Sunday, September 9, 2012
This is the second post on dealing with the argument that Coy should be in prison because of his history with Jill Odom; the first was about pinpointing why someone might make the argument, so now let’s talk about why it’s wrong. I’m going to borrow here from “THE CHALLENGE OF CRIME IN A FREE SOCIETY.”
It was written back in the 1960s by the President’s Commission on Law Enforcement and Administration of Justice. According to this report:
The system of criminal justice America uses to deal with those crimes it cannot prevent and those criminals it cannot deter is not a monolithic, or even a consistent, system. It was not designed or built in one piece at one time. Its philosophic core is that a person may be punished by the Government if, and only if, it has been proved by an impartial and deliberate process that he has violated a specific law.
And that’s about all that can be said on the subject; an individual may say “Because of an unrelated mistake, he should be punished.” The courts, however, cannot. They have to prove that a specific law has been broken, and then mete out a just punishment for that violation.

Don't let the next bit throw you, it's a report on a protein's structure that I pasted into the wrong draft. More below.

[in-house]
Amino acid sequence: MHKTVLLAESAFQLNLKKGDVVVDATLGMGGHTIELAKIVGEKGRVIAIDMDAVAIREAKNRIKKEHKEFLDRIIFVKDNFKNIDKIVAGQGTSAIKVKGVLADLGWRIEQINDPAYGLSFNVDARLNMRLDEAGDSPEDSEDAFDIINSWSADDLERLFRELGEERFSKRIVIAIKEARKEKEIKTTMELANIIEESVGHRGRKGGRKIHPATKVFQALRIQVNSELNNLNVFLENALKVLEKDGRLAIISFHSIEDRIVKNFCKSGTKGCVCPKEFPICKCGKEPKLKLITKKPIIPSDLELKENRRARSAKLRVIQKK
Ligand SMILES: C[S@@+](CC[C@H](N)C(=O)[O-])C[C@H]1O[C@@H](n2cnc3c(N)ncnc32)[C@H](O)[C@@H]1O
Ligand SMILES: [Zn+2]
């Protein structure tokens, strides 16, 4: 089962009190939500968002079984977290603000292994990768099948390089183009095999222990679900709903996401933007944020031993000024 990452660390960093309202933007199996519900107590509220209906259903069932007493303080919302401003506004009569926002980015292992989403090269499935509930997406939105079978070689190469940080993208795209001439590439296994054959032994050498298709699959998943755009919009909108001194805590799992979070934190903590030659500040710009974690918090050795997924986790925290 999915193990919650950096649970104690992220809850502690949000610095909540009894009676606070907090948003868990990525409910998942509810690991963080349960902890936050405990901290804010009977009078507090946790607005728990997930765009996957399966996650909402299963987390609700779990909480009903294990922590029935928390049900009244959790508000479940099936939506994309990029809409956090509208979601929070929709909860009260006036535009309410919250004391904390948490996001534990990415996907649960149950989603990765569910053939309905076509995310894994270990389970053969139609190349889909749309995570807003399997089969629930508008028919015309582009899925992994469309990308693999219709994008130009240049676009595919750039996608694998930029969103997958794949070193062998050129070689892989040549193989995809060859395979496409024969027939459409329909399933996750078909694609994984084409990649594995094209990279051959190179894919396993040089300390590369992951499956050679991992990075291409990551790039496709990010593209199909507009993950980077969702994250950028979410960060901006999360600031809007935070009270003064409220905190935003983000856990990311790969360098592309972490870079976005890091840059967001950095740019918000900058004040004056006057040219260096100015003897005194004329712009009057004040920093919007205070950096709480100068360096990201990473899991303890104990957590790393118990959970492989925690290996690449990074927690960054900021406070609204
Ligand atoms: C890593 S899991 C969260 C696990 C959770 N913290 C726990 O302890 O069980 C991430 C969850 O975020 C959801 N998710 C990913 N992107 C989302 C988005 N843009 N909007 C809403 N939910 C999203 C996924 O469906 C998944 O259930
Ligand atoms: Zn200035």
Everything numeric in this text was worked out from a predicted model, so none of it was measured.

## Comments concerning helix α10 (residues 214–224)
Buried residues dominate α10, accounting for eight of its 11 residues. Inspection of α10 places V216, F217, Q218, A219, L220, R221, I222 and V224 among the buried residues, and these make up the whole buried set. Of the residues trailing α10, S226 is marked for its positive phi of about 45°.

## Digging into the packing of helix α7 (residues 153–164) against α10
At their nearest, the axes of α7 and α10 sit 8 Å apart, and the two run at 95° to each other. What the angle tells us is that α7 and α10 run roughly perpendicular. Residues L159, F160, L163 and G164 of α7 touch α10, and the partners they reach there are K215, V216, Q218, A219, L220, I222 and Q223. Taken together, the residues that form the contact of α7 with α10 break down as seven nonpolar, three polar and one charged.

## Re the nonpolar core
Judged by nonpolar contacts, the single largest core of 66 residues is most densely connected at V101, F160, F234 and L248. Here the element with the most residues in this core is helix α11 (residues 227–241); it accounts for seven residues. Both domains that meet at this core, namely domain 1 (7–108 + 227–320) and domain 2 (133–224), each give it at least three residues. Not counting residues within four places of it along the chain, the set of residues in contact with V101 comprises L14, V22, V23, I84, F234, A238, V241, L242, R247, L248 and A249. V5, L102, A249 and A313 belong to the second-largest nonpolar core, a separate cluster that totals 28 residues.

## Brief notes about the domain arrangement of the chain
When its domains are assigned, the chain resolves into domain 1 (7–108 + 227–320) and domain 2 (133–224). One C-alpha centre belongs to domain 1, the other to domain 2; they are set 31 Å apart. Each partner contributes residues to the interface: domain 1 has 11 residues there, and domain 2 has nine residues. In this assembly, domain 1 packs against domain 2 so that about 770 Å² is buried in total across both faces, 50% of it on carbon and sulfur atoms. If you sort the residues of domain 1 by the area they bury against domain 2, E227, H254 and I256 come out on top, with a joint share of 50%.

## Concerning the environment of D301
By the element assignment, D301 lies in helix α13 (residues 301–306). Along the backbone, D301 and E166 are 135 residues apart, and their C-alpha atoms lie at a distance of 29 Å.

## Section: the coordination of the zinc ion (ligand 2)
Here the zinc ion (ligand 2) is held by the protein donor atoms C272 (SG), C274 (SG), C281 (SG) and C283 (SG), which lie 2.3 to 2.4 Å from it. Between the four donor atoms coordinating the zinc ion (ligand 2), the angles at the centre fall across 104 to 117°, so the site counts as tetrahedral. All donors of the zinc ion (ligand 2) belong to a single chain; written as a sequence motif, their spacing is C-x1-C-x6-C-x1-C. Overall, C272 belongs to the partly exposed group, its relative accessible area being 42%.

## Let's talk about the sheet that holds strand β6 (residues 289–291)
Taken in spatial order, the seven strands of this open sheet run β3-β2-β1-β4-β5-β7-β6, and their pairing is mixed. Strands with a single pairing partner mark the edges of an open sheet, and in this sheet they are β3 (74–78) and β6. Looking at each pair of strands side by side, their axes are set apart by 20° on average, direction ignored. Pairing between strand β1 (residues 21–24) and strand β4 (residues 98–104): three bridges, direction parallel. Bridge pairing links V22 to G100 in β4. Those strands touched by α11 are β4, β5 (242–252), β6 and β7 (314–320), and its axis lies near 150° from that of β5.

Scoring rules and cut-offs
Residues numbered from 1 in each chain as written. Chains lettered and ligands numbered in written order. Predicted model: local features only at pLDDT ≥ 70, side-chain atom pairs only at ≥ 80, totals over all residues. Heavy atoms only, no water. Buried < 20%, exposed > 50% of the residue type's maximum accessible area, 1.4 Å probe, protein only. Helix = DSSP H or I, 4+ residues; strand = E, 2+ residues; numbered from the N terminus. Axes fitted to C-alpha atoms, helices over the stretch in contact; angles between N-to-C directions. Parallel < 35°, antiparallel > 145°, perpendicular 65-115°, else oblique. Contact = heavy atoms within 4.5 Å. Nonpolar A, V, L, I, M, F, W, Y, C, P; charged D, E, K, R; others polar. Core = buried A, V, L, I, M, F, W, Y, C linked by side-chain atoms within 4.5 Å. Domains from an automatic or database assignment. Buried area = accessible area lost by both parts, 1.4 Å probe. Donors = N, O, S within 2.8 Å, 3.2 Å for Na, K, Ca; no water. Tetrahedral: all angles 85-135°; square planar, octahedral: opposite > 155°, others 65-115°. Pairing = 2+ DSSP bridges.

If someone personally believes Coy is getting ‘what he deserves’, it’s their right to have that opinion. It is not, however, the right of the justice system to convict someone on flimsy evidence because they may have committed another, unrelated crime in the past. That’s not how it’s supposed to work and allowing it because you believe ‘he deserves it’ weakens the protections that are (supposedly) built into the system to protect all of us.
An example of this is how easy it seems to have been for Harris County to imprison innocent people accused of similar crimes. Over and over and over, you see their stories appear on this blog. Frequently, there was evidence in their favor that was overlooked or hidden; sometimes all it would have taken was a moment of honesty from the complainant, or competent testimony from a doctor to prevent their convictions.
Instead, they received long years in prison and a delayed pronouncement of innocence with a check, if they’re lucky. Some of these men were pure as the driven snow, while some had criminal histories that made it that much more satisfying to slam the prison bars shut; but none of them deserved what they got.